How to FLUTTER TONGUE on the flute!

Sep 07, 2020

Have you heard of "flutter tonguing" on the flute??

It's pretty cool but actually isn't used in classical music very often at all.

You'll normally hear it in jazz flute, rock flute, or modern classical flute compositions...

Here's a 5 minute that shows you what flutter tonguing sounds like, and of course, how to do it!

Jane xx


Hi there in this video today, I'm going to show you how to flutter tongue on the flute.

It's easier than you think once you get used to doing one of the two underlying mechanisms in your mouth that cause or produce flutter tonguing. So my name is Jane. I'm a flute teacher in Sydney, in Australia. I love teaching people, the tiny little techniques that get them faster progress on the flute. That's by learning proper flute technique. So the proper flute technique today is a bit of a weird one called flutter tonguing. If by the end of this video, you find that you still can't get a clear sound when you flutter tonguing, I'll teach you about how to quickly improve your tone, how to instantly improve your tone. So hang around to the end of the video for this.

So back to flutter tonguing, there's two ways, two mechanisms in your throat and your mouth that produce flutter tonguing. The first one is the one that I do and I find the easiest and it is rolling your tounge like this. Now I distinctly remember being about 12 sitting in the back of the car, backseat of the car and having someone teach me how to do this. This is not a natural skill. What I mean is you can learn to do it. I used to think I'd heard that rolling your tongue was genetic, but it's not this. Rolling your tongue that's genetic is this, that's genetic. This is totally learnable cause I remember learning it as a kid. It takes a bit of practice. You start by having a tongue really light in your mouth and letting it sort of flap around. And then it catches the breeze and starts to flap like that. When you flutter tongue on your flute using this technique, which is technically in a linguistics and phonetics sense is called an uvular trill. When you use this technique, you don't use your vocal chords, so you'll be going and not. So you're just blowing air. So once you can do that, the next step is to put it onto your flute. It's easier. I find it easier at height than down low. So I can do it but it's you got to really open up your mouth for the flutter tonguing to actually work down low. So this is a really, really clear and effective way to flutter tonguing, especially up high.

The second way of flutter tounging on the flute is using your throat more like a growling or gurgling sound, which I'm not very good at which doesn't matter because I can do the other way. I'm really bad at this one. Oh, there we go. I have a theory about this one. I have a theory that if you speak a language where you have this sound and it's called a uvula trill, that's the phonetics name for it. You have this sound in your language. For example, in French, I have a feeling that this would be your preferred mechanism for flutter tounging, but being an English speaker, this sound is not in our language which is why I found the ‘rrr’ much easier. So see what you think, whether you're an English speaker or you just find the growling version easier. It doesn't matter. You only need one of them. It’s easier down low. That was a pretty terrible demonstration. But like I said, it doesn't matter because I can do the other one.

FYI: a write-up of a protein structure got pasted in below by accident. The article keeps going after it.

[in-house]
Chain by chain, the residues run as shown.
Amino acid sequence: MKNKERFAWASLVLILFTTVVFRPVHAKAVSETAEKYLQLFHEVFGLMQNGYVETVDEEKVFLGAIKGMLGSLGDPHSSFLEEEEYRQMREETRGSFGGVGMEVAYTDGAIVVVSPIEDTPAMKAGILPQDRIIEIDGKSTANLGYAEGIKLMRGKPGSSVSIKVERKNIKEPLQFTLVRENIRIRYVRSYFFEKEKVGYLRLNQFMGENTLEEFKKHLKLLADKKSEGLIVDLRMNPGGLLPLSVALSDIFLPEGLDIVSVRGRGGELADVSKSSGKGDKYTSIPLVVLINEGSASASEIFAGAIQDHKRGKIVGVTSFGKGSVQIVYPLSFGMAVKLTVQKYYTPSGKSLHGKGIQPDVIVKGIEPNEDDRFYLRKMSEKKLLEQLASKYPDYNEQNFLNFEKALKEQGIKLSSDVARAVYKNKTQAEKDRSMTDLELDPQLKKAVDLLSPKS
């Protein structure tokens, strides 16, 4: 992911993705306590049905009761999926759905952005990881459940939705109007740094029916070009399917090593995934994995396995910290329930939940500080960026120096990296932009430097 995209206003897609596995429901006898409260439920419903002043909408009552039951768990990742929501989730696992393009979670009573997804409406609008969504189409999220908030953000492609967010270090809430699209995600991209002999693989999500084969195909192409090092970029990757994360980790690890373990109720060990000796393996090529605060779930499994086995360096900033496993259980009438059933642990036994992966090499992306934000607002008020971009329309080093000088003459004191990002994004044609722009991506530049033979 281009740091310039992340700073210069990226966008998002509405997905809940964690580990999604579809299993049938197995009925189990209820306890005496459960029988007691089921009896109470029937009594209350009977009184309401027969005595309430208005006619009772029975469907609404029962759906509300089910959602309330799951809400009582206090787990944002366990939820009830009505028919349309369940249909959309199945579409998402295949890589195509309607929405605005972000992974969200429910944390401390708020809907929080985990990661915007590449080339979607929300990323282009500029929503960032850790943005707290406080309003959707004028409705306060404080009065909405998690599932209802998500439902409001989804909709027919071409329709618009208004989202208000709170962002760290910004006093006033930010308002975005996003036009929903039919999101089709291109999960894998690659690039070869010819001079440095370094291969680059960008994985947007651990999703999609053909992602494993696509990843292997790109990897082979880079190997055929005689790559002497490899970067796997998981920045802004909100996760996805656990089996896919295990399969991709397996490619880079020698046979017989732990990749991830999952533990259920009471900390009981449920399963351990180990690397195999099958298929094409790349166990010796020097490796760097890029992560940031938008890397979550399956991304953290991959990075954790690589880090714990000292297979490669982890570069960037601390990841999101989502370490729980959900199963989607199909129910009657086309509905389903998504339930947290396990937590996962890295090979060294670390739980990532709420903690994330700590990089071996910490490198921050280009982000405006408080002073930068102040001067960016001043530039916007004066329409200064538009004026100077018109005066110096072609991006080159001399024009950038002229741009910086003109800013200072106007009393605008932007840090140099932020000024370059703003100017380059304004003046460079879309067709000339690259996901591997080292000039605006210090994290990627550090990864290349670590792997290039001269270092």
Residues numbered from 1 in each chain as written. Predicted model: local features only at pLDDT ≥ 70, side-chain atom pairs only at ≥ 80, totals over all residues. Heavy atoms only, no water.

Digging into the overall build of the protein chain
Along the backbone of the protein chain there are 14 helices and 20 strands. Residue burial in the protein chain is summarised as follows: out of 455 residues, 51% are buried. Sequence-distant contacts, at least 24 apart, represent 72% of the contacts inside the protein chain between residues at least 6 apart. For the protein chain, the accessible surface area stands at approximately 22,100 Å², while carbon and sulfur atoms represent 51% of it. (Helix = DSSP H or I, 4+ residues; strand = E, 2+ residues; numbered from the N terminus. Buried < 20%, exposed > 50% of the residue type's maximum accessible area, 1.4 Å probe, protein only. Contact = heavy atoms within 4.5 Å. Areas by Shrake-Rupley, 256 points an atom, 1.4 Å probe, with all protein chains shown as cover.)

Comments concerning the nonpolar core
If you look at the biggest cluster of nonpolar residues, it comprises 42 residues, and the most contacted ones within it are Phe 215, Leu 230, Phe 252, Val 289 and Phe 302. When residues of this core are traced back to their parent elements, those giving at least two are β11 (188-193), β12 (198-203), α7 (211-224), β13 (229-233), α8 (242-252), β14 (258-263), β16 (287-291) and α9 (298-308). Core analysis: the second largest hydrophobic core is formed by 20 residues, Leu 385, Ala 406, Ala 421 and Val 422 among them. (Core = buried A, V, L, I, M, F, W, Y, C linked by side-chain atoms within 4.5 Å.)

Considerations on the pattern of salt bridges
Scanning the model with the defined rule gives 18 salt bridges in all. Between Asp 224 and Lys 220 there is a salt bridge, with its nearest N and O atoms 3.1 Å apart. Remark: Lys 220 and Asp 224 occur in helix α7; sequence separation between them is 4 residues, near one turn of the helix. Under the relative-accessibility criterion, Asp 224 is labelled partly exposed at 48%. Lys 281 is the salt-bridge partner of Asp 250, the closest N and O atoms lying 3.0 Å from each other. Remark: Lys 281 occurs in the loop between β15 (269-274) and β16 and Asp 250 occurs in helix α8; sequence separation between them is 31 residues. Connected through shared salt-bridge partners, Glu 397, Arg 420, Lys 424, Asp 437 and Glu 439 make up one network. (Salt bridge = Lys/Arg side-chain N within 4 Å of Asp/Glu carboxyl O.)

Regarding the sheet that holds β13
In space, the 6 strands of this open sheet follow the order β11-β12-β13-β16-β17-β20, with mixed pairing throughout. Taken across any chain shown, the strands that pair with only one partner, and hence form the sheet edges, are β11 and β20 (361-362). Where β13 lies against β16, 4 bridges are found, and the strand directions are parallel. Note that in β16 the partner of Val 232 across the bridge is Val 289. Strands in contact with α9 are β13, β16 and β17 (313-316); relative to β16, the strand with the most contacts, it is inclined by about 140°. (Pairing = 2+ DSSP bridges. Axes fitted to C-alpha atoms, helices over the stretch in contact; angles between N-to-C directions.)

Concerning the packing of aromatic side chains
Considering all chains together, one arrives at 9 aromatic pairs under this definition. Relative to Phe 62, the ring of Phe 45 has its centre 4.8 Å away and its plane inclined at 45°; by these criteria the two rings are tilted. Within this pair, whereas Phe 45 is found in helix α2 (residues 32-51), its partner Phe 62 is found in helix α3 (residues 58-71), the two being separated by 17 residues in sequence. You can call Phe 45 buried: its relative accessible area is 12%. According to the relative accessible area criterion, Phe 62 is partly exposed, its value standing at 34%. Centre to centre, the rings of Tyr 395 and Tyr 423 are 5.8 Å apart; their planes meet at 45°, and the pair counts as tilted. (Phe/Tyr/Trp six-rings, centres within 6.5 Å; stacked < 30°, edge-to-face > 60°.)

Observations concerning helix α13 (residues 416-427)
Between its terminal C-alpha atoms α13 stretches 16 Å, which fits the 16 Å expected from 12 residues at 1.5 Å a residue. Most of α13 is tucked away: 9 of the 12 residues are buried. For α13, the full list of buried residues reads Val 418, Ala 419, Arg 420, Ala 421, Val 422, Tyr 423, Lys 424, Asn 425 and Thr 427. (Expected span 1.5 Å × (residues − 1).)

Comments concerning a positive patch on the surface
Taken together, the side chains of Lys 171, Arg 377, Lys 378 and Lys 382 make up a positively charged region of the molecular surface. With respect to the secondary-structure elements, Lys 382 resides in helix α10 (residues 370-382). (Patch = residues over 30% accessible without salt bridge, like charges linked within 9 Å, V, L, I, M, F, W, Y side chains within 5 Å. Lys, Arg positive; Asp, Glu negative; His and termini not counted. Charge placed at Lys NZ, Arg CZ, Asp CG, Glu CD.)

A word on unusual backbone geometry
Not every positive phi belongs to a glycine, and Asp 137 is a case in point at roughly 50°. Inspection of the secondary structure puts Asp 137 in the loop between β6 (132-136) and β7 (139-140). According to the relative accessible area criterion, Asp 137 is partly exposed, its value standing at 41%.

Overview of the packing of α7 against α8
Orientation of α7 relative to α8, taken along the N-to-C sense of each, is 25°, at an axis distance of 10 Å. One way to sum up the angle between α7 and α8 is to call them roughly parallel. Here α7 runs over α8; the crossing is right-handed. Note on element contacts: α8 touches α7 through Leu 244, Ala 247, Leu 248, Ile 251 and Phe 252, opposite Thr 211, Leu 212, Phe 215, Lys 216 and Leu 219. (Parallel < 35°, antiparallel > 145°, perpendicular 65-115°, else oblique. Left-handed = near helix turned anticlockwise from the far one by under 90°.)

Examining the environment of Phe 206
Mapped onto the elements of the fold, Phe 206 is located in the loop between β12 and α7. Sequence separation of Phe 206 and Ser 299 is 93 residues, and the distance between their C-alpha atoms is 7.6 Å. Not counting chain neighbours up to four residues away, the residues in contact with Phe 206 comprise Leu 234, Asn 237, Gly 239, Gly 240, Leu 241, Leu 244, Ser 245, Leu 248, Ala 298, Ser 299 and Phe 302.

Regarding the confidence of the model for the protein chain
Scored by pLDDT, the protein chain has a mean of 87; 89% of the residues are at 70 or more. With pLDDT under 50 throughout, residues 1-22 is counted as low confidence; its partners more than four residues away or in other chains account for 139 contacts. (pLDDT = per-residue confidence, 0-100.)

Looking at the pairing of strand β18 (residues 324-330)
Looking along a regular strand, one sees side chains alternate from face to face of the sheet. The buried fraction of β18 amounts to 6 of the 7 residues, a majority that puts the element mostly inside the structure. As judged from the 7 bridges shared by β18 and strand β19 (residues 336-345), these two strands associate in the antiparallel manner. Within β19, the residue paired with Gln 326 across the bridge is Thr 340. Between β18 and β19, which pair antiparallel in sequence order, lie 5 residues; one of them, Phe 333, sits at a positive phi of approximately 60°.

So choose whichever one you prefer and run with it. You need to practice it without the flute for a little bit of time to get used to it. If you can't already or that one. Once you're done, if you find that you still can't get a clear sound when you're flutter tounging, say it sounds like this. So you've got the mechanism going, but you can't get a clear sound with it, come and do a free mini-course, www.flute.school/free. And I'll teach you how to instantly improve your sound on the flute and that will help your flutter tonguing dramatically.

Now, if you're wondering where flutter tonguing is used, it's used in jazz flute. Have you seen the Anchorman jazz flute scene? There’s heaps of flutter tonguing in that. Have you heard of Jethro Tull? This is a rock band from the way back in the seventies. I think Jethro Tull, which is the band, the flute player, Ian Anderson uses flutter tonguing all the time in his playing. And the other place that you will come across flooded tonguing is in contemporary classical music. There's an amazing example of this, a piece called The Great Train Race by Ian Clark. Look it up. It's incredible.

Now in all of those examples that I just mentioned, the Anchorman scene for jazz flute, Jethro Tull for rock flute and contemporary classical flute playing. In all of those examples, if you look up any of those, you will see more than just flutter tonguing. There's another technique which is singing into the flute. In the next video next week, I'm going to show you how to sing into your float as well. So that's it from me today. If you want to come and instantly improve your tone on the flute, join me at www.flute.school/free. I'll either see you there or see you next week or both by.

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